[Himself on the cusp between “outside” & “inside” poetry & art, Chirot, whose work, both verbal & visual, is a great too often hidden resource, writes from an authoritative if barely visible position in contemporary letters. The Fénéon commentary excerpted here is from a longer essay/talk, “Conceptual Poetry and its Others,” written for a symposium at the Poetry Center of the University of Arizona, 29-31 May 2008 & appeared earlier in the blogger version of Poems and Poetics. The depth & breadth of his more recent work is outstanding. (J.R.)]
Winner of the 2013 Governor General’s Literary Award for English-language poetry, Katherena Vermette’s North End Love Songs, contains a beguiling mix of furtive fright and holistic grace in its visit to the North End in Winnipeg, Manitoba. What is particular refreshing about the book is that its spare language invites the reader into intimate spaces, at times touching and in a number of cases, disconcerting.
David Colón here presents the first of five first readings of a new poem in our series — Sawako Nakayasu’s “Couch,” a prose-poem in Insect Country (A) (Dusie, 2006). We will subsequently publish first readings of “Couch” by Lee Ann Brown, Hank Lazer, K. Silem Mohammad, and Robert Archambeau. — Al Filreis, Brian Reed, and Craig Dworkin.
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There’s a moment, a fraction of a second, when I first look at a page and recognize the thing. Ah, a poem. It’s the form of the white space that registers as much as the black. Words taking shape? Poem, poem, poem. My pupils spread, irises thin, no doubt some region in my brain changing color.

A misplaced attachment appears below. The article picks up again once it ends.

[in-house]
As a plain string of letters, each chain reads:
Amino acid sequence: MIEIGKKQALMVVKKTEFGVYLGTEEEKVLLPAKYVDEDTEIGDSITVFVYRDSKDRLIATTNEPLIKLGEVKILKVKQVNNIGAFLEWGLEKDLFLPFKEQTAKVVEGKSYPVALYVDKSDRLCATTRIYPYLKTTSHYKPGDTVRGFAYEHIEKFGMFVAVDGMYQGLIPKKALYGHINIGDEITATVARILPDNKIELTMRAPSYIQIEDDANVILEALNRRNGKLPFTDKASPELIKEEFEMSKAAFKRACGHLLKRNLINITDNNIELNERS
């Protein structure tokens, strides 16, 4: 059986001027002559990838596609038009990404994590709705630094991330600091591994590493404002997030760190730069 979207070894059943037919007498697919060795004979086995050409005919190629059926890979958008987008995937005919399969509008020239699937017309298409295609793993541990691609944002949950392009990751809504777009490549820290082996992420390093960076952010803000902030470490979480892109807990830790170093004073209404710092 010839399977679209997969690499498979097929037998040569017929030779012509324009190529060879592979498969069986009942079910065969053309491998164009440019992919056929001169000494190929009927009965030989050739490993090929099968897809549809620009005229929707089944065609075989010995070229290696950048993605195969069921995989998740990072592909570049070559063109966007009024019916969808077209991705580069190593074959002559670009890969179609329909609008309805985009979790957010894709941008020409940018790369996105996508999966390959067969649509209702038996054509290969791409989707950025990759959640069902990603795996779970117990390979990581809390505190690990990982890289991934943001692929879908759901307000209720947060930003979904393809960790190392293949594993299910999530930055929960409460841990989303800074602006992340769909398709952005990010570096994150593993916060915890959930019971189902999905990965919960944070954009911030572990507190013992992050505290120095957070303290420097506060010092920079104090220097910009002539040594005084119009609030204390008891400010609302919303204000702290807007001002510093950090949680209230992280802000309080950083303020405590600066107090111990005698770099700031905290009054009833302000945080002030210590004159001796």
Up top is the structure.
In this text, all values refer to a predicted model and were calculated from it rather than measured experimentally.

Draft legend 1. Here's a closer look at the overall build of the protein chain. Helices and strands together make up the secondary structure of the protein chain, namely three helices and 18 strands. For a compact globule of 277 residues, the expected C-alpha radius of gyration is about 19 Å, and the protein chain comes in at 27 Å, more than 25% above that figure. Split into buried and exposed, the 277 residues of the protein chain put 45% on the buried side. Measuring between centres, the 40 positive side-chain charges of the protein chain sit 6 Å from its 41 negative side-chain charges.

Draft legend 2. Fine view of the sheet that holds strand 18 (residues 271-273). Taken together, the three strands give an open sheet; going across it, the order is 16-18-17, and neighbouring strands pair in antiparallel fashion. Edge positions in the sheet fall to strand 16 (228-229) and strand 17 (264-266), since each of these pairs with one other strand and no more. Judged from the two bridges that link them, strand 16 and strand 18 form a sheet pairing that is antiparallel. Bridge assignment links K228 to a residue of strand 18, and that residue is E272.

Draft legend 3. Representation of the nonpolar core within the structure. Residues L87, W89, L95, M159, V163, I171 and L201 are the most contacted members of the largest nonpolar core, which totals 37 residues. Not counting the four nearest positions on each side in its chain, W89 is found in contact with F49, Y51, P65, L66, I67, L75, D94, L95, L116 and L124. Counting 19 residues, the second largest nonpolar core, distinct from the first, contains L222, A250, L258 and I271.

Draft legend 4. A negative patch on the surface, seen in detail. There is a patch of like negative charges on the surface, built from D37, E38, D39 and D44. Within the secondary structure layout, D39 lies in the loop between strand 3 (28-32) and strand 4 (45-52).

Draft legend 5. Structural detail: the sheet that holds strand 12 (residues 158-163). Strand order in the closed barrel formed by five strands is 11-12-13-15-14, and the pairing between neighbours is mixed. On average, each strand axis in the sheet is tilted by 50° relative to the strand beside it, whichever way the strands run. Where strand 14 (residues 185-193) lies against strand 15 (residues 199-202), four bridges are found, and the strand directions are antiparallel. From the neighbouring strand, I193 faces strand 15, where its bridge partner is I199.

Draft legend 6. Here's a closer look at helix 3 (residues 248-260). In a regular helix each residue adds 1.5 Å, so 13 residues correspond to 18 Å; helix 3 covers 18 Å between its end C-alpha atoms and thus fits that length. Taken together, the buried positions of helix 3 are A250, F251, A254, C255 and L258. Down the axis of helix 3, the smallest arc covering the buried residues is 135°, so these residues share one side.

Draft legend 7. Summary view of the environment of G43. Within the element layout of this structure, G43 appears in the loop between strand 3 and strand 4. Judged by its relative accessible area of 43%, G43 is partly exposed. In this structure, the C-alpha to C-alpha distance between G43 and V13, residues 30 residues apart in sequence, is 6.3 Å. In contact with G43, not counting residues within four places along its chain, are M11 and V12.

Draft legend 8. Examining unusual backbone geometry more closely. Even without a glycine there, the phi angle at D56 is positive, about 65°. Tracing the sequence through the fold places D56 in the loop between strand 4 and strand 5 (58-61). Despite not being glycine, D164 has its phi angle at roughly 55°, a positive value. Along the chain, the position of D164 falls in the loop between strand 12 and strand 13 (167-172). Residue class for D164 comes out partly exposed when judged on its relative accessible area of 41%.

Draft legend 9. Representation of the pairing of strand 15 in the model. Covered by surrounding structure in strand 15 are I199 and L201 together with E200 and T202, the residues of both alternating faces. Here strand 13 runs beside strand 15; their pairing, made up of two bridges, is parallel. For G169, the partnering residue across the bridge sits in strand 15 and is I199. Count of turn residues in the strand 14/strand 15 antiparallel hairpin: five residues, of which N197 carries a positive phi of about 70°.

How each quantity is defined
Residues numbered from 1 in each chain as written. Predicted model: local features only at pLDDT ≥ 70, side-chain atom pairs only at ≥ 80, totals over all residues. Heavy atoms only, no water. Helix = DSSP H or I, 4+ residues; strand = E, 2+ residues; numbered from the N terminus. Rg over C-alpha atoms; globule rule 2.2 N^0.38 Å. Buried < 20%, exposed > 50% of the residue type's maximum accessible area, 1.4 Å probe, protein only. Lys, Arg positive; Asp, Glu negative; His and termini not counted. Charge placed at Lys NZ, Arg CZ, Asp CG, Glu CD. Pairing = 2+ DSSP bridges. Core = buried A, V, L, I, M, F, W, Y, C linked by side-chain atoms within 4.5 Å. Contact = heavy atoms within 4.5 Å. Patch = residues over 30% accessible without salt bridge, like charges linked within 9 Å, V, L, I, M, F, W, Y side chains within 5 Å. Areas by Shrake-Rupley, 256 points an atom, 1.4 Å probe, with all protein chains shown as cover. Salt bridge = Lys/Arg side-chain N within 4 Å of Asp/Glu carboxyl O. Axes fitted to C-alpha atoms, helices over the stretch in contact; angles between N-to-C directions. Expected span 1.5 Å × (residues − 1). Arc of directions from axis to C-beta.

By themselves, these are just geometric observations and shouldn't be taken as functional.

The idea of a ‘Geomantic Riposte’, a response that attempts to transplant the energy of one poem into another, is not out of keeping with poetry that abounds like so many persistent verbal ‘forms’ (small depressions of our prairie jackrabbits) and even defiant forbs across the vast and diverse landscape in Canada. This ‘Idea of North’, to use Glenn Gould’s term, is not just about the tonic of performance or the stern dominant of major city centres. Even at remote interstices, the conversation is always continuing, sometimes in a communal sense and other times in the manner of a furtive sonata or partita about to be launched into space. Geomantic Ripostes is therefore a glimpse through a window on the very liminal of a poet’s life, one that is made up of murmurs, music, silences, sudden yips, rests, and occasional fermatas. As such, this series is a curation of thirty six poetry books published in Canada, along with more than a bit of interior talk they have brought about.